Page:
“I was so intent upon my search that I had forgotten the servant, and I was still on my knees when I heard a cry behind me. I turned and saw the man gazing down at the body in abject and unspeakable horror.
“BEFORE I could rise, he gave another cry of terror and, flinging himself into the hall, raced toward the door to the street. I leaped after him, shouting to him to halt, but before I could reach the hall he had torn open the door and I saw him spring out into the yellow fog. I cleared the steps in a jump and ran down the garden walk, but just as the gate clicked in front of me. I had it open on the instant, and, following the sound of the man’s footsteps, I raced after him across the open street. He, also, could hear me, and he instantly stopped running, and there was absolute silence. He was so near that I almost fancied I could hear him panting, and I held my own breath to listen. But I could distinguish nothing but the dripping of the mist about us, and from far off the music of the Hungarian band, which I had heard when I first lost myself.
“All I could see was the square of light from the door I had left open behind me and a lamp in the hall beyond it flickering in the draught. But even as I watched it the flame of the lamp was blown violently to and fro, and the door, caught in the same current of air, closed slowly. I knew if it shut I could not again enter the house, and I rushed madly toward it. I believe I even shouted out, as though it were something human which I could compel to obey me, and then I caught my foot against the kerb and smashed into the sidewalk. When I rose to my feet I was dizzy and half stunned, and though I thought then that I was moving toward the door, I know now that I probably turned directly from it; for, as I groped about in the night, calling frantically for the police, my fingers touched nothing but the dripping fog, and the iron railings for which I sought seemed to have melted away. For many minutes I beat the mist with my arms like a man at blind man’s buff, turning sharply in circles, cursing aloud at my stupidity, and crying continually for help. At last a voice answered me from the fog, and I found myself held in the circle of a policeman’s lantern.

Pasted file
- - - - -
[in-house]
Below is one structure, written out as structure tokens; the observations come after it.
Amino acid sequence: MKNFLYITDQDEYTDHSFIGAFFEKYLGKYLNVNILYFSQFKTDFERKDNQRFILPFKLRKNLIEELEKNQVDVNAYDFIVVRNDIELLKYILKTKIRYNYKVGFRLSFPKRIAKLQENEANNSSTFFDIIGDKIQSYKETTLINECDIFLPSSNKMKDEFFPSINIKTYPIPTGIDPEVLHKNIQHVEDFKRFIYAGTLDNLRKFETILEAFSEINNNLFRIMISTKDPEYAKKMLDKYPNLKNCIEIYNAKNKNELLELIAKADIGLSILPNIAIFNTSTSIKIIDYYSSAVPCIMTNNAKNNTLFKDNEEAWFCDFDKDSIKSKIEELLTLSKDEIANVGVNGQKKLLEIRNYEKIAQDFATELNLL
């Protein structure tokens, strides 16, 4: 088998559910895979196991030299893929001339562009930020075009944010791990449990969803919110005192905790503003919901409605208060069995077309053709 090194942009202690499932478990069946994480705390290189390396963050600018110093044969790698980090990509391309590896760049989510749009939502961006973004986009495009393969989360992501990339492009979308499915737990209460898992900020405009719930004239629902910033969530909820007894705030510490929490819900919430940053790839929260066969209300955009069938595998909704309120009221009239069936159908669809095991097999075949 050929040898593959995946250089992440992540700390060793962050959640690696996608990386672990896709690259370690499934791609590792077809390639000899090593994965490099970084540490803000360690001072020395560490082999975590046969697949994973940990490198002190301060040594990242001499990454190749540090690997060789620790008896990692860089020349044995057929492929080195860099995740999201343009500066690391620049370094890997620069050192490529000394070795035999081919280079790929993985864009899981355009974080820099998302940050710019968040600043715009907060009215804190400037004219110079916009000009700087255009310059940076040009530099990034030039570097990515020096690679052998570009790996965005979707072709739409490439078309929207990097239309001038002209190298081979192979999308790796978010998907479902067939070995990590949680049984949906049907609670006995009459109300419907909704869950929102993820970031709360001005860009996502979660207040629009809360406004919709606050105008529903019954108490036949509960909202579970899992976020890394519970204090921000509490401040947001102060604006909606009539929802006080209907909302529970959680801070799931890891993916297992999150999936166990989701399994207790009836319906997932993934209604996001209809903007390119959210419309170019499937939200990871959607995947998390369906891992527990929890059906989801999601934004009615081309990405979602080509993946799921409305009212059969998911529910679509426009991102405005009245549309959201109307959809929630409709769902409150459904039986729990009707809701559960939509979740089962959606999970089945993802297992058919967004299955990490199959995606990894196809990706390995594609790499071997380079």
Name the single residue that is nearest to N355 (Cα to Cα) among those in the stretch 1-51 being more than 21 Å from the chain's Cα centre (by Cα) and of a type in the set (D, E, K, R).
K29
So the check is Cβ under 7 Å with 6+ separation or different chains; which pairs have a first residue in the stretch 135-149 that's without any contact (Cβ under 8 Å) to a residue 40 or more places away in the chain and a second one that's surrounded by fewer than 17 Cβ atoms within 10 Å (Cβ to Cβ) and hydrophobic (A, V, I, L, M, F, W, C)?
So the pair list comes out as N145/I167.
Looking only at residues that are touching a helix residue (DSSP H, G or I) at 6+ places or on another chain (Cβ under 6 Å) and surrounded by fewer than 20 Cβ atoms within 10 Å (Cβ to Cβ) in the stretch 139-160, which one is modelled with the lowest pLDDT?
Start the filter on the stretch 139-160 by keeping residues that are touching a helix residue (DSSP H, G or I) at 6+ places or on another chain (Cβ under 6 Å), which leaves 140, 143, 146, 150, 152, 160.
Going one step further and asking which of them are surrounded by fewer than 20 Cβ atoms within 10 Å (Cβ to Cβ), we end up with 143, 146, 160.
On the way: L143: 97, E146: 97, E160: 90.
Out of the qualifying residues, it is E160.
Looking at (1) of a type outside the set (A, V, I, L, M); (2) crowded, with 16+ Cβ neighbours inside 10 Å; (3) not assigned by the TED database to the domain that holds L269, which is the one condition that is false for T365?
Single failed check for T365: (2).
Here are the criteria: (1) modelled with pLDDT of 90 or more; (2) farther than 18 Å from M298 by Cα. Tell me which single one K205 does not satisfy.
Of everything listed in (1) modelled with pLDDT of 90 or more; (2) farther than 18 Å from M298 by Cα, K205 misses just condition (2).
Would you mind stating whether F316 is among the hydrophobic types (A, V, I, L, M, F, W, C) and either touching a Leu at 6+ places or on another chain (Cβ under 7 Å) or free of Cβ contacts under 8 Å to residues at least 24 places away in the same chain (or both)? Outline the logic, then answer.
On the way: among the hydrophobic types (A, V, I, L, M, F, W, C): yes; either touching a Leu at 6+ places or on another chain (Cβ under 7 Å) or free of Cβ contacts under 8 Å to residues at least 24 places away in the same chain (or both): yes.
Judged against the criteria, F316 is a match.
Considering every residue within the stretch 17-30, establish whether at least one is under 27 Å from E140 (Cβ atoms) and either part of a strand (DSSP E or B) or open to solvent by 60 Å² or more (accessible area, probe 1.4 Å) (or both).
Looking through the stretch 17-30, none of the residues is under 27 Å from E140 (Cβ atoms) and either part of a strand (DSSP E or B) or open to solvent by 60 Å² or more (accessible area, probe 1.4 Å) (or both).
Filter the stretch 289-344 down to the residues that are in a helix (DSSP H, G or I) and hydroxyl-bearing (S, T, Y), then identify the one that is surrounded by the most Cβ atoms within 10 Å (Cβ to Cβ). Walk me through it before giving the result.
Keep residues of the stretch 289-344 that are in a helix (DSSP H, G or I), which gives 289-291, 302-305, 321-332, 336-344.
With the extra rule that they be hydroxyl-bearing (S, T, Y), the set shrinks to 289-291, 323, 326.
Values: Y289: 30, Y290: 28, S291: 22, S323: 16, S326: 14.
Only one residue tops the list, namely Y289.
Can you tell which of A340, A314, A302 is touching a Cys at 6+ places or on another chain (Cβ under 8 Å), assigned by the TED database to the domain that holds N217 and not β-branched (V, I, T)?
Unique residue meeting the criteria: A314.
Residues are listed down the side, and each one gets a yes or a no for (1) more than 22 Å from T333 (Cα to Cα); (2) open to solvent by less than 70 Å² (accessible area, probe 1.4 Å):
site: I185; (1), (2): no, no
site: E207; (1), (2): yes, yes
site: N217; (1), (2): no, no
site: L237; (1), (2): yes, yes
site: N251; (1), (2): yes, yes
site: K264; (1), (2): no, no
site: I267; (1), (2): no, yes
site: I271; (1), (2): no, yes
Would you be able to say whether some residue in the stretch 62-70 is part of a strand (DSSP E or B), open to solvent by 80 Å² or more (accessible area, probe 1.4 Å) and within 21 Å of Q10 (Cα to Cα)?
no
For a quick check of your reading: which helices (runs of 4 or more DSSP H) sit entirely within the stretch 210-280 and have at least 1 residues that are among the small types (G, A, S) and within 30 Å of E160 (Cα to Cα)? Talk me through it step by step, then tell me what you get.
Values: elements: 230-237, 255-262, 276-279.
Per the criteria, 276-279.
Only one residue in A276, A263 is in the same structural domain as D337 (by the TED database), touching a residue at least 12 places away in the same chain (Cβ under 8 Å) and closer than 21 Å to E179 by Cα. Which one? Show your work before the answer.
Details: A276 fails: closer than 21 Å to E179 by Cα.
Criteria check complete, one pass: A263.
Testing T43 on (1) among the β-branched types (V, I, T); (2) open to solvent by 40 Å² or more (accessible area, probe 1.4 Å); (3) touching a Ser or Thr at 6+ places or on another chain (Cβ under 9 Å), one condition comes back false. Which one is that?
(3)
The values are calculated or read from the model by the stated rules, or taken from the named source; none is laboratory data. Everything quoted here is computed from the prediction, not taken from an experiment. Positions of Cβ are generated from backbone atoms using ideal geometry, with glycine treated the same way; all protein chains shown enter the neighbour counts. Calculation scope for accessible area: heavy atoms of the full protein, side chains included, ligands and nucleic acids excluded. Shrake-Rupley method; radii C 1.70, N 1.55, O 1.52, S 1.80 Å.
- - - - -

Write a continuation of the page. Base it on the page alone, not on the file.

“That is the end of my adventure. What I have to tell you now is what I learned from the police.
“AT the station-house to which the man guided me I related what you have just heard. I told them that the house they must at once find was one set back with others from the street within a radius of two hundred yards from the Knightsbridge Barracks, that within fifty yards of it someone was giving a dance to the music of a Hungarian band, and that the railings in front of it were about as high as a man’s waist and filed to a point. With that to work upon, twenty men were at once ordered out into the fog to search for the house, and Inspector Lyle himself was despatched to the home of Lord Edam, Chetney’s father, with a warrant for Lord Arthur’s arrest. I was thanked and dismissed on my own recognisance.